South Korea said the North’s move to cancel the meeting at the last-minute over regularly scheduled allied military drills was “regrettable” and demanded the North’s quick return to talks. Seoul’s Unification Ministry spokesman Baek Tae-hyun said Wednesday that the North’s decision went against the spirit of last month’s inter-Korean summit, where the Koreas’ leaders issued a vague vow on the “complete denuclearization” of the Korean Peninsula and pledged to seek a permanent peace between the rivals.

North Korea’s KCNA news agency reported that Wednesday’s meeting was canceled and that Pyongyang was also questioning — even before Kim Kye Gwan’s remarks were published — whether the summit between Kim and Mr. Trump could take place as planned.

“We are aware of the South Korean media report,” White House press secretary Sarah Huckabee Sanders said in response not long after the news broke. “The United States will look at what North Korea has said independently, and continue to coordinate closely with our allies.”

State Department spokeswoman Heather Nauert said Tuesday that the U.S. would “continue to plan the meeting between President Trump and Kim Jong Un.” 

The Pentagon reiterated that the military exercise with South Korea was a routine, annual event that is purely defensive in nature. Army Col. Rob Manning said “Exercise Max Thunder 2018” was designed to improve the abilities of the U.S. and South Korea to operate together. It began Monday and was slated to run through May 25, and expected to include aircraft from the U.S. Air Force, Army, Navy and Marine Corps, as it has in the past.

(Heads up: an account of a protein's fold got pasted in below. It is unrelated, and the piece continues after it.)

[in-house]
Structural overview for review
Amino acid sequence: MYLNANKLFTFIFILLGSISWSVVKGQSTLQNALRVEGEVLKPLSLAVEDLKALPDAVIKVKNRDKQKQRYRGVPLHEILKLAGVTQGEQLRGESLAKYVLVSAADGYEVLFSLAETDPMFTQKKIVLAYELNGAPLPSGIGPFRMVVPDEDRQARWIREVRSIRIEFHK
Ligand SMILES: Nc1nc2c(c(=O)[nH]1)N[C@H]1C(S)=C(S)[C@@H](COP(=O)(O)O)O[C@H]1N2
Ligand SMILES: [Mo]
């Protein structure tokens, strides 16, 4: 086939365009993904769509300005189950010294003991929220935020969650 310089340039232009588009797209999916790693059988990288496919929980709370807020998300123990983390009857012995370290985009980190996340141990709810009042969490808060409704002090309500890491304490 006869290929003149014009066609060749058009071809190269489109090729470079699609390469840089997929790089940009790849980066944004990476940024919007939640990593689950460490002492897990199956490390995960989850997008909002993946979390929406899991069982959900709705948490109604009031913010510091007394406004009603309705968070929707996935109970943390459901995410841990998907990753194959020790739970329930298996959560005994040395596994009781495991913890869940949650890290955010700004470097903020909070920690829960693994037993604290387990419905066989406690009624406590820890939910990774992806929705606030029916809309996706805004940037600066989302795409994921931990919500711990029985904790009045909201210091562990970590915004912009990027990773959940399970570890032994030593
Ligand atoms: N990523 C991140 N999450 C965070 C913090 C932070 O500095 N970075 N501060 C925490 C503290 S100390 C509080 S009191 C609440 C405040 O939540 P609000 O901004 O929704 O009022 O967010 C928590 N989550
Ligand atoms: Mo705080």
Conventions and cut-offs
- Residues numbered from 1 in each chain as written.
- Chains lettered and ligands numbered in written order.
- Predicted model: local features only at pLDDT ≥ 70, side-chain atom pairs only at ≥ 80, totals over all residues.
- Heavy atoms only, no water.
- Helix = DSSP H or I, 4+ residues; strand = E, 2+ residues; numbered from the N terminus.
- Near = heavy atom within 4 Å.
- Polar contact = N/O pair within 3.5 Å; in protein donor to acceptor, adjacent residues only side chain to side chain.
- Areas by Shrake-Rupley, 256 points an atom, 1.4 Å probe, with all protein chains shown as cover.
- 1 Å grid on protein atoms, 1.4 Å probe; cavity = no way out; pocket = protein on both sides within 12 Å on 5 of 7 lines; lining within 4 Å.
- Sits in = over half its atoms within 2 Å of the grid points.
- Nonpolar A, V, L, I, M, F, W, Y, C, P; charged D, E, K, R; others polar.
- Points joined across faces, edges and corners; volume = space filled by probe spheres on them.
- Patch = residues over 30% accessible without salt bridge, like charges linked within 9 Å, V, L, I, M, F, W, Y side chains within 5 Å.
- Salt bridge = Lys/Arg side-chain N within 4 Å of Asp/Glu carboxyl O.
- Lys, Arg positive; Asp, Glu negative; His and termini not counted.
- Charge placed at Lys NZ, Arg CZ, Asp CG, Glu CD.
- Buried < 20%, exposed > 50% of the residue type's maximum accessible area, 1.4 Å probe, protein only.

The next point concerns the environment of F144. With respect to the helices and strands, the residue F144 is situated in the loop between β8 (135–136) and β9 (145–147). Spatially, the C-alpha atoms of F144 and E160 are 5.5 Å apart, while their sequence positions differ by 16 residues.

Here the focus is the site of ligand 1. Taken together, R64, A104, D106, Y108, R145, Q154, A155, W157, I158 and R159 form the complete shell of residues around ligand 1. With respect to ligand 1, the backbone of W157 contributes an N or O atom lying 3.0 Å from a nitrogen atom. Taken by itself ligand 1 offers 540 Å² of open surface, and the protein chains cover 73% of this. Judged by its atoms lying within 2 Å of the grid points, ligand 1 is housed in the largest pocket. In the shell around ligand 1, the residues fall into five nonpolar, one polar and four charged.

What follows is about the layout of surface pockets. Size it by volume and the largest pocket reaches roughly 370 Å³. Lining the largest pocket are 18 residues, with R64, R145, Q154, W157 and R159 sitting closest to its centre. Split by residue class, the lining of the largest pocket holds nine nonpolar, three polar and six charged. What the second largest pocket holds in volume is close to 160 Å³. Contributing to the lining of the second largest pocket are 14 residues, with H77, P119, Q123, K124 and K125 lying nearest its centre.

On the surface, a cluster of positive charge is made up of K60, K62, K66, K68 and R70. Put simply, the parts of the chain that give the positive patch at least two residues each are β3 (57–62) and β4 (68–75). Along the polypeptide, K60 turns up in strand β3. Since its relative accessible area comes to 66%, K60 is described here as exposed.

“The defensive nature of these combined exercises has been clear for many decades and has not changed,” said Manning. 

In March, then-CIA Director and current Secretary of State Mike Pompeo told “Face the Nation” that Kim had allowed the U.S. to, “continue our exercises on the peninsula — something that’s been fought over for decades.”  

In March, South Korean National Security Adviser Chung Eui-Yong said Kim, “understands that the routine joint military exercises between the Republic of Korea and the United States must continue” after meeting with Mr. Trump at the White House. 

Before Wednesday, North Korea had taken a number of steps appearing to try and ease tensions ahead of the U.S. summit, including freeing three imprisoned Americans and moving ahead with plans to close its main nuclear test site — moves President Trump was quick to laud and thank them for on Twitter.

The nuclear test site’s closure was set to come before the Kim-Trump summit, which had been shaping up as a crucial moment in the decades-long push to resolve the nuclear standoff with the North, which is closing in on the ability to viably target the mainland United States with its long-range nuclear-armed missiles.

Despite the North’s moves, many experts remained skeptical about whether Kim would actually be willing to give up a nuclear program that he had pushed so hard to build. Kim has expressed his intention to negotiate over his weapons, but he still uses a long-contentious term, “the denuclearization of the Korean Peninsula.” 

The North previously has used this phrase when demanding that the United States pull its 28,500 troops out of South Korea and withdraw its so-called “nuclear umbrella” security guarantee to South Korea and Japan as a condition for its nuclear disarmament.

Wednesday’s threats could also be aimed at a domestic audience, showing Kim is willing to stand up to Washington. Kim has repeatedly told his people that his nuclear weapons are a “powerful treasured sword” that can smash U.S. hostility.

North Korea also has a long history of launching provocations or scrapping deals with Seoul and Washington at the last minute.

In 2013, North Korea abruptly cancelled reunions for families separated by the 1950-53 Korean War just days before they were held to protest what it called rising animosities ahead of joint drills between Seoul and Washington. A year earlier in 2012, the North conducted a prohibited long-range rocket launch weeks after it agreed to suspend weapons tests in return for food aid.